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Movie Review: Rambo

Written and directed by Sylvester Stallone
Lionsgate, 2008

Hard to believe, but Stallone has now written 21 produced screenplays and makes his 7th trip behind the camera with Rambo, his continued wallow in nostalgia that brought us the surprisingly decent Rocky Balboa in 2006.

Being that Rocky is the sort of underdog story that can always sell, however, the trick would be harder to pull off with the one-man-army relic from the eighties.  And considering that the first three Rambo films weren’t top-shelf quality, I was more than skeptical that this could be pulled off with any fun whatsoever.

In the fourth John Rambo adventure, we find him in Southeast Asia capturing cobras for some kind of survival show, a cobra rodeo if you will.  Then Christian aid workers descend on the village and ask him if they can use his boat to get to Burma, which in the traditional Rambo style, he refuses, because he doesn’t feel they can change anything.  After turning down Michael Burnett (longtime TV character actor Paul Schulze), the persuasive Sarah (Julie Benz) gets him onboard.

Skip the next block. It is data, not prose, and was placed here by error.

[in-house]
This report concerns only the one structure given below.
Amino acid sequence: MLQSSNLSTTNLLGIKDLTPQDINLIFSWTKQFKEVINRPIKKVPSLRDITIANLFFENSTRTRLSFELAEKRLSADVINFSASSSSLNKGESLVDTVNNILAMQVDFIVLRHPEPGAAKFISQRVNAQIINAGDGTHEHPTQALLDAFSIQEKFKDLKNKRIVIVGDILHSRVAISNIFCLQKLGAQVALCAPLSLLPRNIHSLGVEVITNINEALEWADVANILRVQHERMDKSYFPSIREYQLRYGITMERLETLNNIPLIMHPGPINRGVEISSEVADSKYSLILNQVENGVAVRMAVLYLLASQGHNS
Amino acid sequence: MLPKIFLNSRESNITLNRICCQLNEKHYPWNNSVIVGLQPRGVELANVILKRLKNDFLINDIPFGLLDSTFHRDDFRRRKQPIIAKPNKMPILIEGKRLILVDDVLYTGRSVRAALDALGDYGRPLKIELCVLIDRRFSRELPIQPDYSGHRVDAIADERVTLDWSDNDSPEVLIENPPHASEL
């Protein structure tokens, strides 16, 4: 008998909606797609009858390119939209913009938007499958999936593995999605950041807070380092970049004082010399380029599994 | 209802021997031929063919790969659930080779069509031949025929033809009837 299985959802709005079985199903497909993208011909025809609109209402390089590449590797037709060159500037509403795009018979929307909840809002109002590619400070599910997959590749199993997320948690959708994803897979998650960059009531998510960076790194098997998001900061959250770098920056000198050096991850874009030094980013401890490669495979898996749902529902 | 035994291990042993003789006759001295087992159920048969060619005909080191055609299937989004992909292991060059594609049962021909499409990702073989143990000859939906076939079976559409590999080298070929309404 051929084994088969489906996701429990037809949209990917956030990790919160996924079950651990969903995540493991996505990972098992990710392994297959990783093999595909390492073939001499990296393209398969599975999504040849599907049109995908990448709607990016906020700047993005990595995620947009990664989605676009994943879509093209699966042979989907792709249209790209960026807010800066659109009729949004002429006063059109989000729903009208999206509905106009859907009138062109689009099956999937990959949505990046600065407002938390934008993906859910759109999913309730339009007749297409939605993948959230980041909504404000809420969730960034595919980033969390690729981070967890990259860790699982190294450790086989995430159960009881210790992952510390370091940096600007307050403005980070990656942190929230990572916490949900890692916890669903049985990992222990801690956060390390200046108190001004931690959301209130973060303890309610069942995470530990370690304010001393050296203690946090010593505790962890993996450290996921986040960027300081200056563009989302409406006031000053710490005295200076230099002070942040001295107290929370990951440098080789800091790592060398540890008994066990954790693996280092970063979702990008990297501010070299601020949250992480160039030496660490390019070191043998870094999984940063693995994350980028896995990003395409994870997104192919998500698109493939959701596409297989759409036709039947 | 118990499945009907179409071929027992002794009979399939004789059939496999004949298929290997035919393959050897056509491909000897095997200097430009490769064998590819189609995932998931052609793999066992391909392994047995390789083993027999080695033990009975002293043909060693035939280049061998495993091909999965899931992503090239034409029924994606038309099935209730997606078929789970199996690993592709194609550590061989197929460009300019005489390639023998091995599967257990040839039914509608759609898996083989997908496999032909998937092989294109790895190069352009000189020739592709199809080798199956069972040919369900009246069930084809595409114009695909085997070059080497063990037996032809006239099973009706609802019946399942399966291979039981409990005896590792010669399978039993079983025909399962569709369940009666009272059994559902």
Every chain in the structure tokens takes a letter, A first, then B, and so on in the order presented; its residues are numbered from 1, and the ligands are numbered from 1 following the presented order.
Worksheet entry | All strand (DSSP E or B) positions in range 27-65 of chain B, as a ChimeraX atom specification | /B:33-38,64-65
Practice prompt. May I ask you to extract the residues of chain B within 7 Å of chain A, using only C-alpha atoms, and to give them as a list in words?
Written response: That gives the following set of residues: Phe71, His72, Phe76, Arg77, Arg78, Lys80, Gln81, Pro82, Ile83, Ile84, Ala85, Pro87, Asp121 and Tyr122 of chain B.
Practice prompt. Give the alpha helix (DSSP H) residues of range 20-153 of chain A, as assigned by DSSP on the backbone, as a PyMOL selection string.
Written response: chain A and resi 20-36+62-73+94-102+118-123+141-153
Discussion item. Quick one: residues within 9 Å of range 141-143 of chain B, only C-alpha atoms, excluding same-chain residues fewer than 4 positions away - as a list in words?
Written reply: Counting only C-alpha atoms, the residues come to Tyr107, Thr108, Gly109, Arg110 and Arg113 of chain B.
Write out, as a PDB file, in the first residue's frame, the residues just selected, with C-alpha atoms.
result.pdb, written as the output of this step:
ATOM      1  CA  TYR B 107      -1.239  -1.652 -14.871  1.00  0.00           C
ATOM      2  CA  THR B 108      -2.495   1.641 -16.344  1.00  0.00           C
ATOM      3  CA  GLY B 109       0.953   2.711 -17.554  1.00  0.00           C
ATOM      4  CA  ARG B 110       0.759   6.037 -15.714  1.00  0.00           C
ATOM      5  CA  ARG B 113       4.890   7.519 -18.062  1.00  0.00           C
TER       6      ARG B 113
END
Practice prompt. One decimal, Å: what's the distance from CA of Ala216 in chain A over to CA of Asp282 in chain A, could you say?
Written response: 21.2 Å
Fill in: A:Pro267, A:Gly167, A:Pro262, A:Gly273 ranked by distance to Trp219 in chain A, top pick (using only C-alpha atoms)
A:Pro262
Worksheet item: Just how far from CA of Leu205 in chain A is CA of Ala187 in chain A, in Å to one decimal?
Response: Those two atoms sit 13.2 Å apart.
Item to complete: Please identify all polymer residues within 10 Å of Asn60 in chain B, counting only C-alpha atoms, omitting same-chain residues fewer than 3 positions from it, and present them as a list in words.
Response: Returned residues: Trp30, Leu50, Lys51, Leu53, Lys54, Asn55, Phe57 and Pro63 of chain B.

Rambo gets them past Burmese pirates and into the zone where their care is needed, and he takes off.  But the workers are soon invaded by a nasty general who kills everything in his path and takes them captive.  Rambo is soon visited by a pastor (Ken Howard) who has apparently hired every other kind of Rambo out there to get his missionaries back.

You know what follows…Rambo starts taking matters into his own hands and still has a few hundred kills left in him.  This leads to an overload of bloody action in the finale, which is the main reason to watch this flick.  Believe me when I say this might be one of the bloodiest films ever made, right up there with Saving Private Ryan for its sheer number of ways that body parts can detach from the rest of what they’re connected to.

And, to me, it was highly entertaining, probably a lot more than I should ever report…it’s where the phrase “guilty pleasure” comes from.  I’m guilty for enjoying the crazy over-the-top violence.  Good thing, too, because almost everything else about the movie is pretty annoying, especially Julie Benz’ character Sarah and Graham McTavish’s Lewis, one of the pastor’s hired guns, who is one of those guys who always has to talk and antagonize everyone around him.

So, it’s not a glowing review, and if you don’t think that the massive, bloody body count won’t help, then stay away.  Just know, I got a kick out of this and I’m probably going to need to go to therapy or something.

Follows: Rambo III

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